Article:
I mentioned in Day Two that the bus drivers we met in the Lake District were extremely nice and helpful. Last time it was like: “Are you going to Millbeck (on our way to Skiddaw)? I’ll stop at the path so you don’t need to walk on the main road.” This time, we took bus X5 to Old Swan Hotel. It must be the rucksacks and the outfits – the bus driver called me from the front: “are you traveling here?” Me: “(is he talking me?) Yes!” “Come to the front I want to tell you something.” “(Huh?) OK.” So I walked to the front in a rocking bus. At exactly that moment, I saw “the Bishop”.
“Is that the Bishop?! It’s the Bishop! Wow amazing!”
“You have done your homework then.” He smiled as if it gave him great pleasure that the Bishop was so excitedly pointed out.
The photos really do not do justice to the view of the Bishop from Old Swan Hotel.
What is the Bishop, or the Bishop of Barf? Quoting Wainwright, it’s a “upstanding pinnacle…… a venerable figure whose spotless vestments result from regular applications of whitewash”. It is said that the job is done by the Keswick Mountain Rescue Team. But I’ve no idea why it’s done like this. But it was such a special thing to see from even a couple of miles away.
After following the sign and crossing a gate saying “DANGER – Falling rocks”, we were on a clear path. The stone path looked awful steep and difficult very soon, if you follow the path to the right. Looking at AW Barf 6, this must be the path heading to the Bishop. We were out of breath pretty soon because, as humans, we are not used to walking on all four’s. The stones slipped down the scree at a scary rate. So we looked around, hoping to see an alternative. And there was: a path meandering among the wood at the opposite side of the stream Beckstones Gill.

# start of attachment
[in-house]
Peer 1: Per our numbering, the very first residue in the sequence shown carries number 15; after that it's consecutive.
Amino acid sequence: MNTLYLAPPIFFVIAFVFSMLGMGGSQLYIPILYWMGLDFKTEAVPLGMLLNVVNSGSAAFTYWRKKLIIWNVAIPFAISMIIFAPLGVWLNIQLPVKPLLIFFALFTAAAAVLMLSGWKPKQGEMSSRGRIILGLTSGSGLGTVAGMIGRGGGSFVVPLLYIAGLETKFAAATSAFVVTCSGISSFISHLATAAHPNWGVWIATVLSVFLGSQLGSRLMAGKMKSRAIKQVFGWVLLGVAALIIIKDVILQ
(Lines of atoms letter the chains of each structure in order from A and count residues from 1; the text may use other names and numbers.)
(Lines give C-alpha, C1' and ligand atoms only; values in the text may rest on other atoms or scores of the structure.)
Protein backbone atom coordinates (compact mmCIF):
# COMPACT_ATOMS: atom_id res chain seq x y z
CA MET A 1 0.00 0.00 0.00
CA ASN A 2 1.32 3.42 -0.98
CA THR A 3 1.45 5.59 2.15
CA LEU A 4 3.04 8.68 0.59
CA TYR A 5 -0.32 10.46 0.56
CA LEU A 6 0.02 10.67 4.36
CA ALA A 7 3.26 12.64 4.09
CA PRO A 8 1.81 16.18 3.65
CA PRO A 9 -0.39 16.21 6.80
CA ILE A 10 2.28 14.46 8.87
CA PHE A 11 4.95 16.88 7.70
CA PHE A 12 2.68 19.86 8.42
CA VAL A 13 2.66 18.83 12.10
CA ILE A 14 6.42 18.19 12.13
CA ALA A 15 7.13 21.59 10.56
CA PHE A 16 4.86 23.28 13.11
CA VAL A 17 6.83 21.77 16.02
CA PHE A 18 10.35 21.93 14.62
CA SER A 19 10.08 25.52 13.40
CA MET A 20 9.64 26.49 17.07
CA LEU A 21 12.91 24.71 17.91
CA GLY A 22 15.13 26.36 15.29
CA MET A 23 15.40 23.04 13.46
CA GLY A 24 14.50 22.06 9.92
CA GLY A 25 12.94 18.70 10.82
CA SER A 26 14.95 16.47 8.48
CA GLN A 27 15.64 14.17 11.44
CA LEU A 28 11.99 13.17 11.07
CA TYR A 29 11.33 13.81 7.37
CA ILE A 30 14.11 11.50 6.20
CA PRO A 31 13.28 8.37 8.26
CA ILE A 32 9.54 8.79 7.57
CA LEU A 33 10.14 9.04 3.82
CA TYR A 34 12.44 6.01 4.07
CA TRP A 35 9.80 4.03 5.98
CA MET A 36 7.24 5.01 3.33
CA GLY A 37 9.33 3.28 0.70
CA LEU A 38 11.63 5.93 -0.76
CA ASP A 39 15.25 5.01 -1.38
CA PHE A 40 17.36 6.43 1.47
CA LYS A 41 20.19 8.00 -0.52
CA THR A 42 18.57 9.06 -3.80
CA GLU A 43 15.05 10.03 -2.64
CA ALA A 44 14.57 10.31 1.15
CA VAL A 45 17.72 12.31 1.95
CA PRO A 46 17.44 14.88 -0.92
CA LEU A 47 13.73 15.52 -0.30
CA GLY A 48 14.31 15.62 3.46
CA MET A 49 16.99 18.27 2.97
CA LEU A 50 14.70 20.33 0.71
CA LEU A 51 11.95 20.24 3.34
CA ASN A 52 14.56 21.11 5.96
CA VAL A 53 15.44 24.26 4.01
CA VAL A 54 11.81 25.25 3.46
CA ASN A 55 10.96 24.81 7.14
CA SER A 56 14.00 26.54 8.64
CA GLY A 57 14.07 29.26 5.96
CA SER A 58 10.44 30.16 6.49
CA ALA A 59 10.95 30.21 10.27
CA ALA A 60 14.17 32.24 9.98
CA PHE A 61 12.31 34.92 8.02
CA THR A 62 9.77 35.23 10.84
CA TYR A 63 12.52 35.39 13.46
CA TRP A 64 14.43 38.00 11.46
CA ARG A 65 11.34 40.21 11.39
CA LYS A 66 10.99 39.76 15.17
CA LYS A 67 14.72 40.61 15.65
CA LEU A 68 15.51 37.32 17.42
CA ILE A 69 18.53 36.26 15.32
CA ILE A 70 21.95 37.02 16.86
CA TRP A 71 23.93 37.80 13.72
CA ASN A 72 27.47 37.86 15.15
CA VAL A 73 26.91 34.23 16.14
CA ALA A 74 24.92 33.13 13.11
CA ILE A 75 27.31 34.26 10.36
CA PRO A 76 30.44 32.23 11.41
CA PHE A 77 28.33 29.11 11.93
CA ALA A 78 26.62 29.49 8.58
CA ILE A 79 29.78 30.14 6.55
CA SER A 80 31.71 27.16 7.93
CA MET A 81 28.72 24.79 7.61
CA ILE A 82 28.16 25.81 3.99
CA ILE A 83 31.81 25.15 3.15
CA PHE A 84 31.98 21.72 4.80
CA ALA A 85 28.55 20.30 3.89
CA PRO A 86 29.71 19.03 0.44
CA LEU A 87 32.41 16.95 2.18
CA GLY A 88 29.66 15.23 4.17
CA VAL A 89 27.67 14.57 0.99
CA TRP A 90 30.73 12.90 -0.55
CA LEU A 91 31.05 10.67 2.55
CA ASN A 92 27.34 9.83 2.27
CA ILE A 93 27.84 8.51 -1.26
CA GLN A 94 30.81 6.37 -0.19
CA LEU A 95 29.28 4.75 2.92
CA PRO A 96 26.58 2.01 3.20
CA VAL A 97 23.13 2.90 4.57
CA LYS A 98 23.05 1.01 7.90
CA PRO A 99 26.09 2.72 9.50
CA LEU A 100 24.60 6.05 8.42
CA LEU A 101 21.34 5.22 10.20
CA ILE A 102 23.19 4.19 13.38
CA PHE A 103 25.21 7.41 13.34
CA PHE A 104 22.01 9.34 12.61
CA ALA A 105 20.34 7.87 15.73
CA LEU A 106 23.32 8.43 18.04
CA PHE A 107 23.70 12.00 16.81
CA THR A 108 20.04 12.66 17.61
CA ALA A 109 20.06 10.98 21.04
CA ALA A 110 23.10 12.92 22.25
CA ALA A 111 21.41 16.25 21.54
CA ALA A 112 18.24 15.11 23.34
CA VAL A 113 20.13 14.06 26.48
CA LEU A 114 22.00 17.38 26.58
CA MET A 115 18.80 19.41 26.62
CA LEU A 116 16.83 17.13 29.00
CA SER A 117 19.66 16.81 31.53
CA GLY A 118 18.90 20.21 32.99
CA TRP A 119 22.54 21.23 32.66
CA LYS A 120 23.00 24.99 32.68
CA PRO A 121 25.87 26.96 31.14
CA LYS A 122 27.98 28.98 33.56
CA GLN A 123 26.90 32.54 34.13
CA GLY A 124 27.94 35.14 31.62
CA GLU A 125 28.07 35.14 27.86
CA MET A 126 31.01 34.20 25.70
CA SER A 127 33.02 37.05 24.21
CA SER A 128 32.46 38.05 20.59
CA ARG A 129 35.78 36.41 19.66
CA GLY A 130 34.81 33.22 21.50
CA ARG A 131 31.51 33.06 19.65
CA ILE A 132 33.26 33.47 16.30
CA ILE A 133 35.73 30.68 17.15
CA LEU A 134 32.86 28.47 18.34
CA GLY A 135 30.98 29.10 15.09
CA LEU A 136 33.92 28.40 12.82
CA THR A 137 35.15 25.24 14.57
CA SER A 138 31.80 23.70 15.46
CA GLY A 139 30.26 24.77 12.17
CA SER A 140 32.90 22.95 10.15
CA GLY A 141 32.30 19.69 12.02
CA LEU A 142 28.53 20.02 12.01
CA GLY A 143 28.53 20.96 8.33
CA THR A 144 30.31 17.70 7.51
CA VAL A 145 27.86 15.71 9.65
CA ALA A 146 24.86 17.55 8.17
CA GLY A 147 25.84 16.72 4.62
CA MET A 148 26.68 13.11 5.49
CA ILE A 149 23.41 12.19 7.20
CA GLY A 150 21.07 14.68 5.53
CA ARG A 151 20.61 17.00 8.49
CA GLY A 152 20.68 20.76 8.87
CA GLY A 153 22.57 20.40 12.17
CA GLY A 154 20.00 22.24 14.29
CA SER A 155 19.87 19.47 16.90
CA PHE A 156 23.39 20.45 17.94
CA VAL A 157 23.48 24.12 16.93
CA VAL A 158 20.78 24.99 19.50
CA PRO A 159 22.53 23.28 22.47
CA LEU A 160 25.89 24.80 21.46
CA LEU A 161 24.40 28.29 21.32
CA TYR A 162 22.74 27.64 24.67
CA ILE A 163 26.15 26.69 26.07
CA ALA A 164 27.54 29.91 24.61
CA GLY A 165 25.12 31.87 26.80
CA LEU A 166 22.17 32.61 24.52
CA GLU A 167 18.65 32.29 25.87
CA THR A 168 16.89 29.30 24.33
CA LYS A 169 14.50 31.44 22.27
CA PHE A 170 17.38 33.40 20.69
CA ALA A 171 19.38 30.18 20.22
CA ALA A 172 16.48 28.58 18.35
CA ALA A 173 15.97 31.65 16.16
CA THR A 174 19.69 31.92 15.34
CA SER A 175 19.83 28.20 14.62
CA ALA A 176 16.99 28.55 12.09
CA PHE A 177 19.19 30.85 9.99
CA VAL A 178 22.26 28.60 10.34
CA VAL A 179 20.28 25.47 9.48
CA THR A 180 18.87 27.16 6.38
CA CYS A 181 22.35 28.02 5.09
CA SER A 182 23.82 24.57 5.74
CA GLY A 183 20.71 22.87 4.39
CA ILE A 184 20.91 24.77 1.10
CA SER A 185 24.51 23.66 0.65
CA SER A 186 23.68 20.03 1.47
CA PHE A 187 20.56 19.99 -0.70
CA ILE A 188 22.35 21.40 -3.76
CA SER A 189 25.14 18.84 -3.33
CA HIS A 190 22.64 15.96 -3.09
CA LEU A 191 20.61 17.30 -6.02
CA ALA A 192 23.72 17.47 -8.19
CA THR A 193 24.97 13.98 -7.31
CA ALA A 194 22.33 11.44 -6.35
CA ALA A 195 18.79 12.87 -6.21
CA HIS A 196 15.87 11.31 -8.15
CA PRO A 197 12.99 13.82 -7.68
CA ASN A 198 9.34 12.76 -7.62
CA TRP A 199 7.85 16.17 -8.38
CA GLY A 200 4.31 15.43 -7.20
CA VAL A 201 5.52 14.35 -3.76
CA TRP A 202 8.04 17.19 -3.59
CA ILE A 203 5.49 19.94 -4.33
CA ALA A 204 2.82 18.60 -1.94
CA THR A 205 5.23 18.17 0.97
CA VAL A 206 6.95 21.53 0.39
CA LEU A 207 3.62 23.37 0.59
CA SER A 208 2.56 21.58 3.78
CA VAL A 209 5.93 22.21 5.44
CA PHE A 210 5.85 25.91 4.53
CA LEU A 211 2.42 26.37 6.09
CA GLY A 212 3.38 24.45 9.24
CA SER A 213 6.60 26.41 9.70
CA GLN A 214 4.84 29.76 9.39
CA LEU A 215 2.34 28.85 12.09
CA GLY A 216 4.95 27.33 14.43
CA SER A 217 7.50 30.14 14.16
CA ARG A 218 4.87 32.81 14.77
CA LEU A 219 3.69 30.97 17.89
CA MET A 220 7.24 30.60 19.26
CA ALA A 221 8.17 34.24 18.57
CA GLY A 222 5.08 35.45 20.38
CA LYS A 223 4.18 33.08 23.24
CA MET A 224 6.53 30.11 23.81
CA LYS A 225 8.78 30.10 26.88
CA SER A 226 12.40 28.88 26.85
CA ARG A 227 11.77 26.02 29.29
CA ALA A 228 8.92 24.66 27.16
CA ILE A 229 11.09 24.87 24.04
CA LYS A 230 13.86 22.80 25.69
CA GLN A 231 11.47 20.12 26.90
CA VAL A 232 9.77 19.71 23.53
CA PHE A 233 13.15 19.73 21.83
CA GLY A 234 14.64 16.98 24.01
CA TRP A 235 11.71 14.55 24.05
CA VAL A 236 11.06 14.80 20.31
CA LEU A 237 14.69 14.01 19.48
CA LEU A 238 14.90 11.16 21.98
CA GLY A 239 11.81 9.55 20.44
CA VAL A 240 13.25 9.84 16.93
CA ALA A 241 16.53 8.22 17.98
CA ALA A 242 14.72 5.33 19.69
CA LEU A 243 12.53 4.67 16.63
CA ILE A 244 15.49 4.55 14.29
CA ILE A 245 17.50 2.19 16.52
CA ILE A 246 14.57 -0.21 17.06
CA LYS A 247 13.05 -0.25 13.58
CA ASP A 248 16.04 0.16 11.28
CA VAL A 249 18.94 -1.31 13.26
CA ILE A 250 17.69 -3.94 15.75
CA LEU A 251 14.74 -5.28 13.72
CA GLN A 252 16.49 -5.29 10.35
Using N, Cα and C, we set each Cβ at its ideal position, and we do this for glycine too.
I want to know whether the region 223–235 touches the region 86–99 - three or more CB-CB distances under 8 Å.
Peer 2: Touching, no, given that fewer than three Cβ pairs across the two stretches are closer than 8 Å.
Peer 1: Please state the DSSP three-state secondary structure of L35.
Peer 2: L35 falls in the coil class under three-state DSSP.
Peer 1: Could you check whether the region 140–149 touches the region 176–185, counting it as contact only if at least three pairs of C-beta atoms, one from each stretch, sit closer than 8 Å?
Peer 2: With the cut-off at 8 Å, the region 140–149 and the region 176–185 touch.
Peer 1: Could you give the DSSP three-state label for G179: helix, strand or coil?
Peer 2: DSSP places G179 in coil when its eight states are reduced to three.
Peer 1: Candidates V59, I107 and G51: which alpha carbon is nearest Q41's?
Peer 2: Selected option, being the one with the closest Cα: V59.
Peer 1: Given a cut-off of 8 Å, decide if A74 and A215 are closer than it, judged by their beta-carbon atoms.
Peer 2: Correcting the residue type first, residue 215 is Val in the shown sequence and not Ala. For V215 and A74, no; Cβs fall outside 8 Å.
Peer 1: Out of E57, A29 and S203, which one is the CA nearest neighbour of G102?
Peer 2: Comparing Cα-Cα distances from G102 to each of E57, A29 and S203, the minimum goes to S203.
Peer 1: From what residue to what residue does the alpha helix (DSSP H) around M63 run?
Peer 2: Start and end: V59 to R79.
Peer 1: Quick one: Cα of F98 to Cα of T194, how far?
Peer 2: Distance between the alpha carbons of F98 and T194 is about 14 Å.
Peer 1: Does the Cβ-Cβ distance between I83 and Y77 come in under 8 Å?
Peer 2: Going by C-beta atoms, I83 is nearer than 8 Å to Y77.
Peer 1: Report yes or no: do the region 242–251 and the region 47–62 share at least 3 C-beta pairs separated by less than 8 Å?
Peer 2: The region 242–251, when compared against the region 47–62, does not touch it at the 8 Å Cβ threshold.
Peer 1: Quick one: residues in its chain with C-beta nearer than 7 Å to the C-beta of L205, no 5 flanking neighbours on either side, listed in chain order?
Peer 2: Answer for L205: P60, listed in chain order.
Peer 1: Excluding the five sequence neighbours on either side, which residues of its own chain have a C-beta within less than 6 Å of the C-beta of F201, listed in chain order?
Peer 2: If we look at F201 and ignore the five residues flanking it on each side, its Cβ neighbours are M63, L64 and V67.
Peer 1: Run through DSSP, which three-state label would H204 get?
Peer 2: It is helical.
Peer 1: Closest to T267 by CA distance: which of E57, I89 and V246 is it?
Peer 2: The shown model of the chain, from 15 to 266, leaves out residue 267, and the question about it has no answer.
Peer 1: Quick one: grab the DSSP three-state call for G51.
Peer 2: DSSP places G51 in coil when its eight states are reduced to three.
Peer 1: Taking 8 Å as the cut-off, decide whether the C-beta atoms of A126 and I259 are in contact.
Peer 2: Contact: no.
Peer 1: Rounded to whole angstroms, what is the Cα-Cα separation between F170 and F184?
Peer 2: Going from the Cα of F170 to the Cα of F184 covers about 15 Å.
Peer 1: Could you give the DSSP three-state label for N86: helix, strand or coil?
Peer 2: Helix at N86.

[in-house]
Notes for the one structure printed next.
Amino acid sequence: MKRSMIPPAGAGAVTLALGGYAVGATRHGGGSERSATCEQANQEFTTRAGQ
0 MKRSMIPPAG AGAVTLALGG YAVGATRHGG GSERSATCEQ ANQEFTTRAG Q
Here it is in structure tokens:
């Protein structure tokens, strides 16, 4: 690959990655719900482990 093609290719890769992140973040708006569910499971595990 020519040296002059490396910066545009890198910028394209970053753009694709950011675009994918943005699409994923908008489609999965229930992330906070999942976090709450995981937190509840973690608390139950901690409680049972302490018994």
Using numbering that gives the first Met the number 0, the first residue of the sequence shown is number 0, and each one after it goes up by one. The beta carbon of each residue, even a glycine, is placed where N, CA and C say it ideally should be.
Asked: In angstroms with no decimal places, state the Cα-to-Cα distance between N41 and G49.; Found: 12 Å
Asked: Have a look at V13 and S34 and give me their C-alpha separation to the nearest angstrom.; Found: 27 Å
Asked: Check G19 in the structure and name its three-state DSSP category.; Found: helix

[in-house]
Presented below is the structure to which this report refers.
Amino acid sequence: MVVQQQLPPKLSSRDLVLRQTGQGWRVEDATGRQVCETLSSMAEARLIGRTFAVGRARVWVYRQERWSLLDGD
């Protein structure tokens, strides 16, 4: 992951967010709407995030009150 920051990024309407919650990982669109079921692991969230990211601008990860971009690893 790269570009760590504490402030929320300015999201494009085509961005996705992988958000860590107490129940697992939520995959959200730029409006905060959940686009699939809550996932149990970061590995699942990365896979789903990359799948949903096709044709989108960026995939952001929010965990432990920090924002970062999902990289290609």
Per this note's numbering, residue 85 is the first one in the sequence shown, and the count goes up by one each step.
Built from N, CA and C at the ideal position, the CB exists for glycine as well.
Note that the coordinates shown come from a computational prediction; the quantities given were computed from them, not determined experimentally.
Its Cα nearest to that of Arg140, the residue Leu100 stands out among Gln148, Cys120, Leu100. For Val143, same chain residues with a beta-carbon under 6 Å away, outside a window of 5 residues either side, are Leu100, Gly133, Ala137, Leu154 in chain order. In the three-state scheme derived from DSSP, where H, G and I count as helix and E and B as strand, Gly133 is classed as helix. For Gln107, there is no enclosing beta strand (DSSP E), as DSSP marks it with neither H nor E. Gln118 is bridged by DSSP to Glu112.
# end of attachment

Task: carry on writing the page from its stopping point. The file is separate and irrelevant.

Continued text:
Crossing Beckstones Gill.
After this, the path looked a lot more friendly…
The unique fragrance of wakening wood and humid air of April.
Seeing the Bishop and Old Swan Hotel from a different angle.
The path became a bit rocky later on and scrambling was needed at some points, which raised the question in my head again: is it better to go uphill on a difficult path or to go down on a difficult path? My tongue was sticking out like a dog, I did’t really want to think about coming down the same way. I could only cheer myself up by looking forward to the grand view of Skiddaw and its reflection in Bassenthwaite Lake.
Looking south towards Keswick and Derwent Water.
A cloud enveloped us in a calm and friendly way (comparing to the crazy cloud on top of Skiddaw the day before). It was quiet and very lovely. My husband and I joked about having a little wood house on the little heathery area behind Barf summit, greeting the postmen and the milk men every morning on the end of the forest road. An impossible thought but it made me smile.
The complete Skiddaw range was covered in the cloud (yes, that cloud is supposed to be Skiddaw!). I was a bit disappointed. I sat down on the cairn and sulked for a while. But hey, it didn’t rain on us and plus isn’t it an excuse to come back again?
We went down to Braithwaite through the wonderful forest road in Beckstones Plantation. This part of the walk definitely answered my question. It was so lovely to go down hill on such wide and smooth road.